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  • Reconstructing the Campus: Higher Education and the American Civil War by Michael David Cohen
  • Jennifer Oast (bio)
Reconstructing the Campus: Higher Education and the American Civil War. By Michael David Cohen. (Charlottesville: University of Virginia Press, 2012. Pp. 288 Cloth, $45.00.)

In Reconstructing the Campus: Higher Education and the American Civil War, Michael David Cohen argues that higher education in the United States was permanently altered by the Civil War. Because of the war, Cohen asserts, many colleges adopted more professional and practical curricula, such as schools of engineering. Another consequence of the war was that student bodies became more diverse as less wealthy Americans, women, and African Americans enrolled in college in greater numbers. Cohen also traces the growing role of the federal government in both public and private institutions through legislation like the Morrill Land-Grant College Act of 1862. Finally, Cohen examines the efforts of southern colleges to recover from the damage suffered during the war.

This cogently argued book challenges the tendency to dismiss or ignore the effects of the war on American colleges that likely results from the reluctance of historians of education to situate their own research within the vast historiography on the Civil War and Reconstruction. Cohen’s book is an important addition to the history of American higher education and has much to interest historians of the Reconstruction era. However, Reconstructing the Campus also includes a rich discussion of the wartime experiences of college students, and there is much to interest scholars of nineteenth-century African American and women’s history as well.

Cohen grounds this book in case studies of seven geographically representative colleges: Harvard University and Mount Holyoke Female Seminary in the North; South Carolina College and Wesleyan Female College in the South; Cornell College and the University of Missouri in the Midwest; and the College of California in the West. The colleges in his [End Page 607] sample include men’s and women’s schools, both public and private. Cohen also includes evidence from many other colleges not among his case studies, such as Oberlin and the University of Virginia.

Cohen begins by examining how college students and faculty members were affected by the coming of the Civil War. Student and faculty enlistments drained colleges of their students, in some cases completely, as was briefly the case at South Carolina College. Other schools, like Harvard, lost a sizable minority of its students, and those who remained formed the College Drill Club so that they “could get a taste of war without actually leaving” (31). At women’s colleges, enrollment also dropped as women left to serve as nurses at the front or returned home to help on the farm when brothers left for war. Women who remained were involved in such work as raising money for new hospitals or knitting and sewing items for the soldiers. At Wesleyan Female College, women practiced military drills bearing imitation guns. As the war continued, many colleges found their college buildings co-opted for wartime uses. South Carolina College became a hospital in 1862, for example, while the University of Missouri became a Union military camp.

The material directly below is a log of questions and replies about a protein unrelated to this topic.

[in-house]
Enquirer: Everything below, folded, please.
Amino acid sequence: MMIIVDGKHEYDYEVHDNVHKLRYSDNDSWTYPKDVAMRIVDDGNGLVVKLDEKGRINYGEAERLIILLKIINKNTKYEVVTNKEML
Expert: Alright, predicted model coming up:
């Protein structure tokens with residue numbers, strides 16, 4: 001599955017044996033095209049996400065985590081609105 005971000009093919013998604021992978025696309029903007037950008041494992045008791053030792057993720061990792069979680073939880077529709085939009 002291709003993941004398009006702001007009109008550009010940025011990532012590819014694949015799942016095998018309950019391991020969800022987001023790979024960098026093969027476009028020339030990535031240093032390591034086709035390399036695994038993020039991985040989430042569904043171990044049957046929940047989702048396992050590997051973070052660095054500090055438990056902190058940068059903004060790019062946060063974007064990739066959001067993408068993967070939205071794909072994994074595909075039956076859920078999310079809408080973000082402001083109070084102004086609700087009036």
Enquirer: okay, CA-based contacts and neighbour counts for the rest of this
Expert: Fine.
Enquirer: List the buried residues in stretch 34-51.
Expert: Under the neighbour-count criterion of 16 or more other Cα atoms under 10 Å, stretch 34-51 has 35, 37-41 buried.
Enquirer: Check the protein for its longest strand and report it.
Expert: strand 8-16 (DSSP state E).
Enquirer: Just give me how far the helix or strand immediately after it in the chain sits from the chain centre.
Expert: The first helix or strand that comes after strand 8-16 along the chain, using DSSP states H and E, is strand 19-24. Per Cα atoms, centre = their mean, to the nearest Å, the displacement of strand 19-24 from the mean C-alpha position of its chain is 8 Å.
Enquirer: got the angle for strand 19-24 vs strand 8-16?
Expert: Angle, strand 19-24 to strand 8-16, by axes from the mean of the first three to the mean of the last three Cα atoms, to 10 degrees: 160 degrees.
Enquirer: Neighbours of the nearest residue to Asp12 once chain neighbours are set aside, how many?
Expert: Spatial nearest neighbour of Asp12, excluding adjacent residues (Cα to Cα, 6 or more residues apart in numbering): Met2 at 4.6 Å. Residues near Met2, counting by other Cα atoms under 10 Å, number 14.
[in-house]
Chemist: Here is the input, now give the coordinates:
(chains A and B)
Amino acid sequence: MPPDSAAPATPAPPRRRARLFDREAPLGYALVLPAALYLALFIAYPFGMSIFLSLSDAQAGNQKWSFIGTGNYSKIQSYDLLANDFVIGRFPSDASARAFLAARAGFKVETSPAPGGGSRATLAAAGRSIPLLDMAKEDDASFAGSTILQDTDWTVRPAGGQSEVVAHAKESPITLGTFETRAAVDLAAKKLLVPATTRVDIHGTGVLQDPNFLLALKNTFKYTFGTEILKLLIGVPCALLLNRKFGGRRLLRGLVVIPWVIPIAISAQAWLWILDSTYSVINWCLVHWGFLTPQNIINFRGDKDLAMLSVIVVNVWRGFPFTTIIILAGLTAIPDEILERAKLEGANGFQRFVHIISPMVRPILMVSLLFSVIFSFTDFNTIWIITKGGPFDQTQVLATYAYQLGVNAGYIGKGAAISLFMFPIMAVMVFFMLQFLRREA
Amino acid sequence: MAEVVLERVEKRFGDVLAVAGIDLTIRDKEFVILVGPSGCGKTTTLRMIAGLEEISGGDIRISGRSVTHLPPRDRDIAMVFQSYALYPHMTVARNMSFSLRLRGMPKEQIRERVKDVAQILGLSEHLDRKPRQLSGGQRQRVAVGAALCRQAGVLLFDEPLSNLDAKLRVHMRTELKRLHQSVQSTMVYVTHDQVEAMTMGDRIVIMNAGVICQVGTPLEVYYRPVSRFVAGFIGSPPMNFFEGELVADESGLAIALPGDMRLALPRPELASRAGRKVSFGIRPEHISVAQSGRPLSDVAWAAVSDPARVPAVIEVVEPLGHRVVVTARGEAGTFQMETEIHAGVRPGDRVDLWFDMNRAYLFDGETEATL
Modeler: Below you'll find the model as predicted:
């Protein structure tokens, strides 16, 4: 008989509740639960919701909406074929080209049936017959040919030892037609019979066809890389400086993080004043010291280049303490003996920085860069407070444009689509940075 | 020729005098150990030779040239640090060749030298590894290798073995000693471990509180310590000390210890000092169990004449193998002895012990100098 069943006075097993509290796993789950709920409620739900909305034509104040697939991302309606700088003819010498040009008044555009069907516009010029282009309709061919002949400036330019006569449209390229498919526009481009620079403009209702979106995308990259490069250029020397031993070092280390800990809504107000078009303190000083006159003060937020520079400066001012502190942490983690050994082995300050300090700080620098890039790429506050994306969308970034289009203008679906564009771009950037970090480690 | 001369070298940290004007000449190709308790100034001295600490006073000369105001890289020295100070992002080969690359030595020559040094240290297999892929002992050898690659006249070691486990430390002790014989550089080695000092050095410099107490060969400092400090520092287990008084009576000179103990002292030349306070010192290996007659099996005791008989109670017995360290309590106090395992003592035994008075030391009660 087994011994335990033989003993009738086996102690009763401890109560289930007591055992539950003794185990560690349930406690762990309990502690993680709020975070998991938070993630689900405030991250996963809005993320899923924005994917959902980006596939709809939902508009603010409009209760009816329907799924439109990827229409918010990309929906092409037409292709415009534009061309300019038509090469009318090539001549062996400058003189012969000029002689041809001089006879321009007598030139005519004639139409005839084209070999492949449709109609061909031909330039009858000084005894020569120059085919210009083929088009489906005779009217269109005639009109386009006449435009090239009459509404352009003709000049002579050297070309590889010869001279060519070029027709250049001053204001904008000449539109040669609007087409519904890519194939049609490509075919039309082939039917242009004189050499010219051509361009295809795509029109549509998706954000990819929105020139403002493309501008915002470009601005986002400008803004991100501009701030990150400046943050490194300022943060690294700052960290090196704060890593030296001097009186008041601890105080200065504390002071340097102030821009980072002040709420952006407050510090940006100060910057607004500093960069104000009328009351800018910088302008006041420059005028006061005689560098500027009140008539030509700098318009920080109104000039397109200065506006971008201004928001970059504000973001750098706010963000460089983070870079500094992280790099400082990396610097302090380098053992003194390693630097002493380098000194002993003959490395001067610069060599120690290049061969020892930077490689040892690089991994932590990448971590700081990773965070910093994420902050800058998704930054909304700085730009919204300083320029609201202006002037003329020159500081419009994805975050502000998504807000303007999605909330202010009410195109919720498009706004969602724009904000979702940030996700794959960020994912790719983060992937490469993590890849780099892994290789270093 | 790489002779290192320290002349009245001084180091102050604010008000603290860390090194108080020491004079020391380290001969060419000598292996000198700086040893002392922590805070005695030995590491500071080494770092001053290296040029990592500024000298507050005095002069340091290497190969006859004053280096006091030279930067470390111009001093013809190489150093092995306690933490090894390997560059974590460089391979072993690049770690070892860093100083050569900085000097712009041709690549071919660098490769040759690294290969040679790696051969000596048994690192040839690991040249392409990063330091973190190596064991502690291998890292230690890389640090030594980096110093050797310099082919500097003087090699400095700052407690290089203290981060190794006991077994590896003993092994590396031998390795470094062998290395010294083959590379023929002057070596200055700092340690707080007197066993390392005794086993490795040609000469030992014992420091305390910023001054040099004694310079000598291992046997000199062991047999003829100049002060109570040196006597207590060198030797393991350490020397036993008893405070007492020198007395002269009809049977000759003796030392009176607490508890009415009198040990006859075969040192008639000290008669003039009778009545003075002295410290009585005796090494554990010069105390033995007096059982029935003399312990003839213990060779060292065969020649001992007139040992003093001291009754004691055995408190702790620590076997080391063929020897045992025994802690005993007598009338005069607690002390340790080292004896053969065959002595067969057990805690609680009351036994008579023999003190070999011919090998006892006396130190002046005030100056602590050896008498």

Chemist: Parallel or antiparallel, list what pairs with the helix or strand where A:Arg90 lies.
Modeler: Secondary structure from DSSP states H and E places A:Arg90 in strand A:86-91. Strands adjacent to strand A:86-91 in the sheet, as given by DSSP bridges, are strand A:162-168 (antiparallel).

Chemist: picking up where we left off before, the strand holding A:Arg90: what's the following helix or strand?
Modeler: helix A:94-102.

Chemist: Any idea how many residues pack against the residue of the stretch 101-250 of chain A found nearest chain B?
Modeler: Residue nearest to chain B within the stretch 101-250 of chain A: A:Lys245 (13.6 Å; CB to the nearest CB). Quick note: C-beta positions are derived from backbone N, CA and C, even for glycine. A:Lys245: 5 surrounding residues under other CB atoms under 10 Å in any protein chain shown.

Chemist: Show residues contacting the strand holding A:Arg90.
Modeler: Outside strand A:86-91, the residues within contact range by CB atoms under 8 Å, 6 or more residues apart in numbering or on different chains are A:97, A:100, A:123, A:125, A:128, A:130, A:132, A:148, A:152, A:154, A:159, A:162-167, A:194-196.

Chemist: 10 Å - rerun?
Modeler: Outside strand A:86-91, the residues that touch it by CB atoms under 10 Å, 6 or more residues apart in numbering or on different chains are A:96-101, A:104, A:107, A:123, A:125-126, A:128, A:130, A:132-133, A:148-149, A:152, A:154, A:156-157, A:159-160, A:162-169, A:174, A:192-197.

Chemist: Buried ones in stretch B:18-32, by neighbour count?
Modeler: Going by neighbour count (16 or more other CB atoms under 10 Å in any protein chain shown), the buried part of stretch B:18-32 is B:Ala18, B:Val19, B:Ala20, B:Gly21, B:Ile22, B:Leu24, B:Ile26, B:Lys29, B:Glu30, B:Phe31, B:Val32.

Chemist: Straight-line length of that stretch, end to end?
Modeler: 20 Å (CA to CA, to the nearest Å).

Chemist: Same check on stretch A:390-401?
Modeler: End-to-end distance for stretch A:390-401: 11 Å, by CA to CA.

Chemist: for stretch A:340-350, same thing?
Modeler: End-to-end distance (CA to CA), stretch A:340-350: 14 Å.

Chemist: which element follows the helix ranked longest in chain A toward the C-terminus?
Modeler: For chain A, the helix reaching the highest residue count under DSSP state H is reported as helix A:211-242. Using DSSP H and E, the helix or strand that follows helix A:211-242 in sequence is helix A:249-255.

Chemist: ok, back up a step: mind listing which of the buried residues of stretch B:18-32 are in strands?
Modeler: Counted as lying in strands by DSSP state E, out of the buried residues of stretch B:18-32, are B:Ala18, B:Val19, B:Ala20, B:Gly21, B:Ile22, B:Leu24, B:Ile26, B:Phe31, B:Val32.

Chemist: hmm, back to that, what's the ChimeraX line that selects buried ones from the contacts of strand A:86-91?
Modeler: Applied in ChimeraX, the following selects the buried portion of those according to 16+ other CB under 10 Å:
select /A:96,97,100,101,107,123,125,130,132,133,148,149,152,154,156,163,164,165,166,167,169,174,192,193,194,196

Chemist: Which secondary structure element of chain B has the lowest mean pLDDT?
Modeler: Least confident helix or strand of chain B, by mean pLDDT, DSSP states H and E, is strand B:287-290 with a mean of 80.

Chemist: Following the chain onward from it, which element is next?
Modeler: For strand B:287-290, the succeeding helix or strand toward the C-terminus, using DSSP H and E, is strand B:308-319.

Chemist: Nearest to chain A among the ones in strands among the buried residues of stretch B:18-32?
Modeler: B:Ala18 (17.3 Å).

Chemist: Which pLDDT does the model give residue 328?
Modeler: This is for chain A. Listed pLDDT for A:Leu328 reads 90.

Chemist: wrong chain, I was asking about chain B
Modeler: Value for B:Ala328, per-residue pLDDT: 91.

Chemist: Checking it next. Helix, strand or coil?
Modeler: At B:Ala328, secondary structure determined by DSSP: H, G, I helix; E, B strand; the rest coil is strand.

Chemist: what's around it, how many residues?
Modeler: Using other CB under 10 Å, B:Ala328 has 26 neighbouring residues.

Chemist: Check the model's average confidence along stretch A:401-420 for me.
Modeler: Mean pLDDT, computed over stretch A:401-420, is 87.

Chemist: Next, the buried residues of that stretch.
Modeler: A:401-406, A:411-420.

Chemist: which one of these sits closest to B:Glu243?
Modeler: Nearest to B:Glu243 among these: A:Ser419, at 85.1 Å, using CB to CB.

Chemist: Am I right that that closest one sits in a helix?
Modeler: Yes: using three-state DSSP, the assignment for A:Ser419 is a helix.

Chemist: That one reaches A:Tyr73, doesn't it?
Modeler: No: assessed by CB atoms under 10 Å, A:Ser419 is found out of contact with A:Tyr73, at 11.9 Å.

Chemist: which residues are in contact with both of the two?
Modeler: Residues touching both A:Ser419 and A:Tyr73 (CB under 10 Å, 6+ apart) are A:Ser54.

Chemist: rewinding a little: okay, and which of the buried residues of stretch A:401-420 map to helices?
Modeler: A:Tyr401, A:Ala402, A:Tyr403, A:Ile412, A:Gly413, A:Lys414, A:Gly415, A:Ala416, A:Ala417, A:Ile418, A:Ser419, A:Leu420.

Cohen argues convincingly that colleges changed their curriculum in response to the Civil War. Not surprisingly, military curricula proliferated during and after the war. The Morrill Land-Grant College Act of 1862 was an important impetus for these changes, providing each state with funds for colleges that would train students in agricultural studies, engineering, and military tactics. After the war, the federal government also paid the salaries of military professors at colleges and provided equipment for military studies. These additions to the curriculum, Cohen asserts, created some of the first comprehensive universities in the United States.

Admissions practices also changed after the Civil War, as a more diverse group of students came to American colleges during Reconstruction, especially in the South. While some midwestern colleges like Cornell College were already coeducational and economically diverse before the war, college attendance in the South was mostly limited to elite white young men. But with the southern economy permanently altered after the war, southern colleges had to diversify their student bodies in order to remain viable. Reconstruction...


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pp. 607-609
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